WILLISTON, N.D. (AP) — A North Dakota regulator outlined details Thursday of her proposal for a state-run rail safety program, which calls for adding three employees to help bolster federal oversight of the state's busy railroads.
Rail traffic in North Dakota has increased dramatically in recent years, with the state's oil boom producing more than 1 million barrels of oil daily. Much of that oil is moved out of state by rail, and mishaps, such as a fiery oil train derailment last December, have driven calls for additional regulation.
Public Service Commissioner Julie Fedorchak's plan calls for hiring two inspectors — a track inspector and an equipment inspector — as well as a rail safety manager. The proposal, first put forward in June, is included in the PSC's budget request to the governor and estimates a cost of $500,000 a year.
The next legislative session begins in January. Gov. Jack Dalrymple has previously said he is open to the proposal and may support funding.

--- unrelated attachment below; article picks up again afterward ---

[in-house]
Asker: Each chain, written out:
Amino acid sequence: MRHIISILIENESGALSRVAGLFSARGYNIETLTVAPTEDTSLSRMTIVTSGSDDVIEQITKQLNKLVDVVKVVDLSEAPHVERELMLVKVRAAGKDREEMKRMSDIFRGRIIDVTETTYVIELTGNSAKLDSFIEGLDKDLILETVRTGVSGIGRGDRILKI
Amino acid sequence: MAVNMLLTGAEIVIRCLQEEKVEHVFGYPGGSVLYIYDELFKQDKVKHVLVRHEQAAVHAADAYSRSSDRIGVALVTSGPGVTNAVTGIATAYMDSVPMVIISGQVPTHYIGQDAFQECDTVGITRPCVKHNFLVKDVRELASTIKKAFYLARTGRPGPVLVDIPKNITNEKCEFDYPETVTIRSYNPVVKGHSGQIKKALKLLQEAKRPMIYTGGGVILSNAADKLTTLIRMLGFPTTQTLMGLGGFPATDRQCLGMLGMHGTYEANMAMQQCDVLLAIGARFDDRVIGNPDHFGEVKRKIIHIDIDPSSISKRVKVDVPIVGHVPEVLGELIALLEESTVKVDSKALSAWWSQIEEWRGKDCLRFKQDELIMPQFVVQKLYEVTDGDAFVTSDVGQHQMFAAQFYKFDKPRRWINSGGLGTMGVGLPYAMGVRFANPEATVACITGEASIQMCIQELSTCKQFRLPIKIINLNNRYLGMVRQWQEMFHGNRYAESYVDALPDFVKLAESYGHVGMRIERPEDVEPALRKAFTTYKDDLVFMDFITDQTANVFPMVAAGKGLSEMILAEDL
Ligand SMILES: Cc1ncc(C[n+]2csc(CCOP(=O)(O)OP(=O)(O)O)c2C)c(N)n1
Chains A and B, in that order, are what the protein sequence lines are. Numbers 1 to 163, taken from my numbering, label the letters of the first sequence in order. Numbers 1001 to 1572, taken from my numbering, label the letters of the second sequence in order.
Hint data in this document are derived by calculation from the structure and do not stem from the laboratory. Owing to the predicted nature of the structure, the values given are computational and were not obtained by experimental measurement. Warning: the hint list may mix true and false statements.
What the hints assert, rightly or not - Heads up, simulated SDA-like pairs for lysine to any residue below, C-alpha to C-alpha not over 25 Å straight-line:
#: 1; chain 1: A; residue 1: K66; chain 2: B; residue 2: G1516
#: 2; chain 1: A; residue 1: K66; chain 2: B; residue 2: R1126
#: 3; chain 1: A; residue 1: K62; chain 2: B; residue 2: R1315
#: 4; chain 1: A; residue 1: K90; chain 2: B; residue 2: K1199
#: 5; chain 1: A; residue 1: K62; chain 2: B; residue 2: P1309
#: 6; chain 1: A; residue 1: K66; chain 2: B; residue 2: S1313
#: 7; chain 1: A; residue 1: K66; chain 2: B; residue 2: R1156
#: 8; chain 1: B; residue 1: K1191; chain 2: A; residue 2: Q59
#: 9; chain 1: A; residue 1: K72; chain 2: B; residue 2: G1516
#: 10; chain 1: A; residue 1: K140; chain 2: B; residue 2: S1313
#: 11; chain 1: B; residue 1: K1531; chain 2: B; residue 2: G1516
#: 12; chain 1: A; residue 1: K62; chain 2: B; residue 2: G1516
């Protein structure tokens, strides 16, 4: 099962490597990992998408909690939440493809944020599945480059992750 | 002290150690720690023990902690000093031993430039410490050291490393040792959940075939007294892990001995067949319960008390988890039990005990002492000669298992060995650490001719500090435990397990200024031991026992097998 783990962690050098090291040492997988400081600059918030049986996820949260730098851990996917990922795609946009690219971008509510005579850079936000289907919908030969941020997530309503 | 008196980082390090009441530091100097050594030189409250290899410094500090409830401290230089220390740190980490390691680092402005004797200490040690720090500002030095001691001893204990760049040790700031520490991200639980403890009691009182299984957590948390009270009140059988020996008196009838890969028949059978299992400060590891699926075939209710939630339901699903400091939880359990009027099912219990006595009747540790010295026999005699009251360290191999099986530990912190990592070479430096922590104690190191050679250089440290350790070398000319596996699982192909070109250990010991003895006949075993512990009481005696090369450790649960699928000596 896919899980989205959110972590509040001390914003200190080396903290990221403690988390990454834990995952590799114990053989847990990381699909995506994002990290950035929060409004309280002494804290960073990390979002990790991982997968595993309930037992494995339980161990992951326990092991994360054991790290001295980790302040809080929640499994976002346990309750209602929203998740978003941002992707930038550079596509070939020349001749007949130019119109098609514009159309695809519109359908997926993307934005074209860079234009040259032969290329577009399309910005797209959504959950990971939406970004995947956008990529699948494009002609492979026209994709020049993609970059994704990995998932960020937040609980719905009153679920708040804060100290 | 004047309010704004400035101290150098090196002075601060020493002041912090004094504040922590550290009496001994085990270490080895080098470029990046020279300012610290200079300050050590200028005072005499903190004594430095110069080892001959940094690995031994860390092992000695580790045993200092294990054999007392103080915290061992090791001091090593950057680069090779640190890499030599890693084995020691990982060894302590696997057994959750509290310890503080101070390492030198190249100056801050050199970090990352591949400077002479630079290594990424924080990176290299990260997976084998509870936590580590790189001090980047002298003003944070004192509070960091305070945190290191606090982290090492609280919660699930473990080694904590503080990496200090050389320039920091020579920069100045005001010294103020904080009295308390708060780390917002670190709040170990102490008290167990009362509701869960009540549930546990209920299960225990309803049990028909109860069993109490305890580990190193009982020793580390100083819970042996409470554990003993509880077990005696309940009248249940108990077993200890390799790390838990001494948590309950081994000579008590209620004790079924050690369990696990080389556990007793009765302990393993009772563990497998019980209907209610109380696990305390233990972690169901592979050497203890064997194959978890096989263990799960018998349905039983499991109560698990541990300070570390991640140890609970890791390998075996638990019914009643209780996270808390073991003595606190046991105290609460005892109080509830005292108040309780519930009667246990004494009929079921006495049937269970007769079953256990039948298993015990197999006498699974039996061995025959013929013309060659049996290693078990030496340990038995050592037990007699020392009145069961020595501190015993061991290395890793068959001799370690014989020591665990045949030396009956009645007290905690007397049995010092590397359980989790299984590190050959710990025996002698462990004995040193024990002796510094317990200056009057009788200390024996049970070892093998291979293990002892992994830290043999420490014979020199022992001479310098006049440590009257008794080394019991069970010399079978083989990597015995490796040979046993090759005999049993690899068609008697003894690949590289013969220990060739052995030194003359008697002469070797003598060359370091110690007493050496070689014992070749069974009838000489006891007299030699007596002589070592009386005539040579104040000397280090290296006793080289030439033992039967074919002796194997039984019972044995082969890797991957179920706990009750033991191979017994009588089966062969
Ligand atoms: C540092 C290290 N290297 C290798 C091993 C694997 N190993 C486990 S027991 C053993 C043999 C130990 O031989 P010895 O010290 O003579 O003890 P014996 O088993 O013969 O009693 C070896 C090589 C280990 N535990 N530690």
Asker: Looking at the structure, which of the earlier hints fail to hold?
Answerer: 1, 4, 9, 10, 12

North Dakota's rails are currently monitored only by the Federal Railroad Administration. Out of 11 federal inspectors in the state, the administration has two dedicated to covering 3,000 miles of track. The FRA's team also includes two equipment inspectors.
"Track is the No. 1 cause of accidents," said Fedorchak. She added that equipment issues add to the severity of mishaps.
"The fact is, the feds are stretched too thin and have responded too slowly to this vastly changing industry," said Fedorchak. "It's time now for the state to step in and assist with this vital work."
The PSC says rail traffic increased in North Dakota by 233 percent between 2000 and 2012 due to the state's oil boom. In the last five years, the commission says, the state has seen 56 track-related accidents and 22 equipment-related accidents that have resulted in more than $30 million worth of damage.
A Dec. 30 oil train derailment that caused a massive explosion near the small town of Casselton in eastern North Dakota has driven calls for additional rail safety measures in the state.
Fedorchak said state inspectors would be trained and certified by the FRA and work together with the federal inspectors.
Mike England, spokesman for the FRA, said that the FRA does not comment on pending legislation, but added "dozens of states have state inspectors, and we work closely with them."
While Fedorchak said the proposed program would help enhance rail safety, she says the best way to improve safety is to take more oil off the tracks by building more pipelines.
"Pipelines are by far the safest, most efficient and environmentally sound method of transporting oil and gas," Fedorchak said.